Thursday, April 17, 2008

The Inconclusive Eschatology of Minucius Felix [A.D. 200]

Minucius Felix was an early Latin apologist. He work Octavius was written sometime in the late Second or early Third century, and seems to have been heavily influenced by Tertullian. The eschatology of Octavius is quite sketchy. Felix defends the doctrine of the resurrection in Chap. XXXIV, as well as the destruction of the earth by fire and the eternal punishment of the wicked, yet makes no mention of a millennium. In fact, the purest reading of Minucius Felix suggests that the resurrection of the righteous and the wicked takes place at the same time, thus denying a literal millennium.
"See, therefore, how for our consolation all nature suggests a future resurrection. The sun sinks down and arises, the stars pass away and return, the flowers die and revive again, after their wintry decay the shrubs resume their leaves, seeds do not flourish again unless they are rotted: thus the body in the sepulchre is like the trees which in winter hide their verdure with a deceptive dryness. Why are you in haste for it to revive and return, while the winter is still raw? We must wait also for the spring-time of the body. And I am not ignorant that many, in the consciousness of what they deserve, rather desire than believe that they shall be nothing after death; for they would prefer to be altogether extinguished, rather than to be restored for the purpose of punishment. And their error also is enhanced, both by the liberty granted them in this life, and by God’s very great patience, whose judgment, the more tardy it is, is so much the more just." (Octavius - Chap. XXXIV. - Argument: Moreover, it Is Not at All to Be Wondered at if this World Is to Be Consumed by Fire, Since Everything Which Has a Beginning Has Also an End. And the Ancient Philosophers Are Not Averse from the Opinion of the Probable Burning up of the World. Yet it Is Evident That God, Having Made Man from Nothing, Can Raise Him up from Death into Life. And All Nature Suggests a Future Resurrection)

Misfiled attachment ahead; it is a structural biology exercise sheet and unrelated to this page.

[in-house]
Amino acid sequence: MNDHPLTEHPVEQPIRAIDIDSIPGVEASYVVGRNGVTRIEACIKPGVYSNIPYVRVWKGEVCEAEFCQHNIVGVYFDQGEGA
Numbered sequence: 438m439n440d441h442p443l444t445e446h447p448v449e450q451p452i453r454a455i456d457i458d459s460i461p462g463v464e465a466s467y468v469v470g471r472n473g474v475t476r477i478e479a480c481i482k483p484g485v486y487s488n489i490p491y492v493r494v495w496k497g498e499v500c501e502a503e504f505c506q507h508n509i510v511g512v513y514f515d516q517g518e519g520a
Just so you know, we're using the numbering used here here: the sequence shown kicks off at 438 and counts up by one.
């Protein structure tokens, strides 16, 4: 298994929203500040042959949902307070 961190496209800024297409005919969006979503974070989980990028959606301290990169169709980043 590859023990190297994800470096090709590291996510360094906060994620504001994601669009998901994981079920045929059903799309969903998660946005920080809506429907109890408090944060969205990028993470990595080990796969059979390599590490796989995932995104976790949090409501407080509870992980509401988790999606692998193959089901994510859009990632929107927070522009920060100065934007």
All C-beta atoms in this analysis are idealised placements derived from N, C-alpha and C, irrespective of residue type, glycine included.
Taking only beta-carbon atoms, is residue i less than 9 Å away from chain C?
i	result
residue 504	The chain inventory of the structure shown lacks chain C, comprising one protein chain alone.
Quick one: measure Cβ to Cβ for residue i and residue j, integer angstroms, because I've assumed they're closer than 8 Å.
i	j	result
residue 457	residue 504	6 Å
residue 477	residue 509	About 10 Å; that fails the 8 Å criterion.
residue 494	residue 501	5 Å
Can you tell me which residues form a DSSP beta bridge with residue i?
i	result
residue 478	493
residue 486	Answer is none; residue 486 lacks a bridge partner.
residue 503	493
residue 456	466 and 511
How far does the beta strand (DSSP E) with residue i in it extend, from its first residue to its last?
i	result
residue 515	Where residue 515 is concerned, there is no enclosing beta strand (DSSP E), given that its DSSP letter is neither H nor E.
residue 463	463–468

Minucius Felix makes no mention of a tribulation, antichrist, or even a Second Advent. So while he leans slightly toward an amillennial view of the resurrection, there is simply not enough information in the writings of Minucius Felix to draw a conclusion concerning his eschatology.

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